# How to: Multinomial regression models in R

**James Keirstead » R**, and kindly contributed to R-bloggers]. (You can report issue about the content on this page here)

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In my last post I looked at binomial choice modelling in R, i.e. how to predict a yes/no decision from other data. Now however I want to look at modelling a more complicated choice, between more than two options. This is known as multinomial choice modelling and R can perform these analyses using the nnet package.

Let’s start by making up some data. The following code creates 1000 data points and creates an arbitrary three-way choice value using some if-else statements.

n <- 1000 df1 <- data.frame(x1=runif(n,0,100), x2=runif(n,0,100)) df1 <- transform(df1, y=1+ifelse(100 - x1 - x2 + rnorm(n,sd=10) < 0, 0, ifelse(100 - 2*x2 + rnorm(n,sd=10) < 0, 1, 2)), set="Original")

Here’s a plot of the data:

Next we need to fit the model, which is done via R’s nnet package for neural networks. The code below says that we believe the probability of choosing each option to be a function of the variables x1 and x2. The actual model structure is somewhat more complicated but, for simple choice problems, you’re probably safe to use the formula interface with the default options.

# Load the neural network package and fit the model library(nnet) mod <- multinom(y ~ x1 + x2, df1)

As with the binomial choice model, predicting new values from such a model can be a little tricky. If we naively use the predict method, the results will be the same every time we run the following command:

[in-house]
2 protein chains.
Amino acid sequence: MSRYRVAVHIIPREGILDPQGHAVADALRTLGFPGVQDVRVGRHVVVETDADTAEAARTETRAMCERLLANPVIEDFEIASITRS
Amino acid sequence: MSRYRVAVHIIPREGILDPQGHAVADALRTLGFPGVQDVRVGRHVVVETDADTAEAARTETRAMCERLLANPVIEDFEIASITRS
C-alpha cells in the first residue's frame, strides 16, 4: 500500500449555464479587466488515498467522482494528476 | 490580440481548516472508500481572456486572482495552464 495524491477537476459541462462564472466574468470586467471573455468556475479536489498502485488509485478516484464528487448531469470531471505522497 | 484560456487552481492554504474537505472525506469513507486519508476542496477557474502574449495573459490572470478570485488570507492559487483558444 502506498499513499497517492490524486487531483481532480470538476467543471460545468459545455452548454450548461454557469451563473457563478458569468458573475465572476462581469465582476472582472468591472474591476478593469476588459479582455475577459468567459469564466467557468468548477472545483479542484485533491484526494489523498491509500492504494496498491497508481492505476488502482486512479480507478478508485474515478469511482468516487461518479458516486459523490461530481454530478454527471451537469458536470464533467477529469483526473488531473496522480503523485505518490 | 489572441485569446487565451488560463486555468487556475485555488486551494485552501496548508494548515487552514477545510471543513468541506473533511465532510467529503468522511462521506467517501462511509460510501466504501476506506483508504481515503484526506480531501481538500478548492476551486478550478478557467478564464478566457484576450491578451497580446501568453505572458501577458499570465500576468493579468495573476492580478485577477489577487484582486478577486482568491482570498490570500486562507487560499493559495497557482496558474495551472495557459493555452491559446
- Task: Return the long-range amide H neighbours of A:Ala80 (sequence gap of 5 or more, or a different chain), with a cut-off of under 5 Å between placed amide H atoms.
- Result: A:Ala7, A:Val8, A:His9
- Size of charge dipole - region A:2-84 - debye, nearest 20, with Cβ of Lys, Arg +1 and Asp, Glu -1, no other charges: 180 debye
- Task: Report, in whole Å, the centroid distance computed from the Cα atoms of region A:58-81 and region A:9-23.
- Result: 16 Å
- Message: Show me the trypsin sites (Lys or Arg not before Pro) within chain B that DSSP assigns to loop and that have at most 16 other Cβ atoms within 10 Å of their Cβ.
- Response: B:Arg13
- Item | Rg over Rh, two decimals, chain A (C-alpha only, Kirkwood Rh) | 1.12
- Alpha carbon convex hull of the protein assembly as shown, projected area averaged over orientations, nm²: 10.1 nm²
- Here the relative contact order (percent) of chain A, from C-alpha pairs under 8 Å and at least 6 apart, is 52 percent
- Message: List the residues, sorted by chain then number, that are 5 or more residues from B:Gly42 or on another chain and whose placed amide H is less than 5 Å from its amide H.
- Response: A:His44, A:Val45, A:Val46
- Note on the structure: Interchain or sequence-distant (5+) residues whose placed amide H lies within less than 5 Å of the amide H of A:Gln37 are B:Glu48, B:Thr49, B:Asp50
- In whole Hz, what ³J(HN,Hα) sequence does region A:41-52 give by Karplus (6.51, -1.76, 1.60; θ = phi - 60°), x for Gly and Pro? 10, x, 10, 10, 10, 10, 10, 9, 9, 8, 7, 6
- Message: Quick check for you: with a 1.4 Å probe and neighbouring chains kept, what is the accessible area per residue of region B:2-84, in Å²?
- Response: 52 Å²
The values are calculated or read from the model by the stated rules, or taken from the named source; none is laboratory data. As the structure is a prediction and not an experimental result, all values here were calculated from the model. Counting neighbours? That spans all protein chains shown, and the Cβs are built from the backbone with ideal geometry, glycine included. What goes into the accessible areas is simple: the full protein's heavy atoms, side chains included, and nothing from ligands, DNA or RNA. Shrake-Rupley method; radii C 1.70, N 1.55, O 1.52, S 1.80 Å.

predict(mod)

But what we really want is to predict the probabilities associated with each option and then draw a random number to make our actual selection. That way, each time the code runs we will get slightly different choices which better reflects how people actually make decisions. The choice probabilities can be predicted as follows:

predict(mod,df1,"probs")

The result of this command is an n by k matrix, where n is the number of data points being predicted and k is the number of options.

Notice that the sum of each row equals 1, as each matrix entry gives the probability of selecting a given option. Therefore to make a choice, we need to calculate the *cumulative* probabilities associated with each option. We can then draw a random value between 0 to 1; the option with the greatest cumulative probability below our draw value is our choice. This can be written into a function for easier use.

# Function to predict multinomial logit choice model outcomes # model = nnet class multinomial model # newdata = data frame containing new values to predict predictMNL <- function(model, newdata) { # Only works for neural network models if (is.element("nnet",class(model))) { # Calculate the individual and cumulative probabilities probs <- predict(model,newdata,"probs") cum.probs <- t(apply(probs,1,cumsum)) # Draw random values vals <- runif(nrow(newdata)) # Join cumulative probabilities and random draws tmp <- cbind(cum.probs,vals) # For each row, get choice index. k <- ncol(probs) ids <- 1 + apply(tmp,1,function(x) length(which(x[1:k] < x[k+1]))) # Return the values return(ids) } }

This function can now be used to predict the outcomes for some new data.

# Make up some new data n <- 200 df <- data.frame(x1=runif(n,0,100), x2=runif(n,0,100), set="Model") y2 <- predictMNL(mod,df) df2 <- cbind(df,y=y2)

The results are plotted here:

This method might not provide sufficiently robust results with more complicated choice models, involving many choices and lots of predictor variables. But for most basic problems, you can easily predict multinomial choice models using R’s neural network package and the `predictMNL`

function above.

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**James Keirstead » R**.

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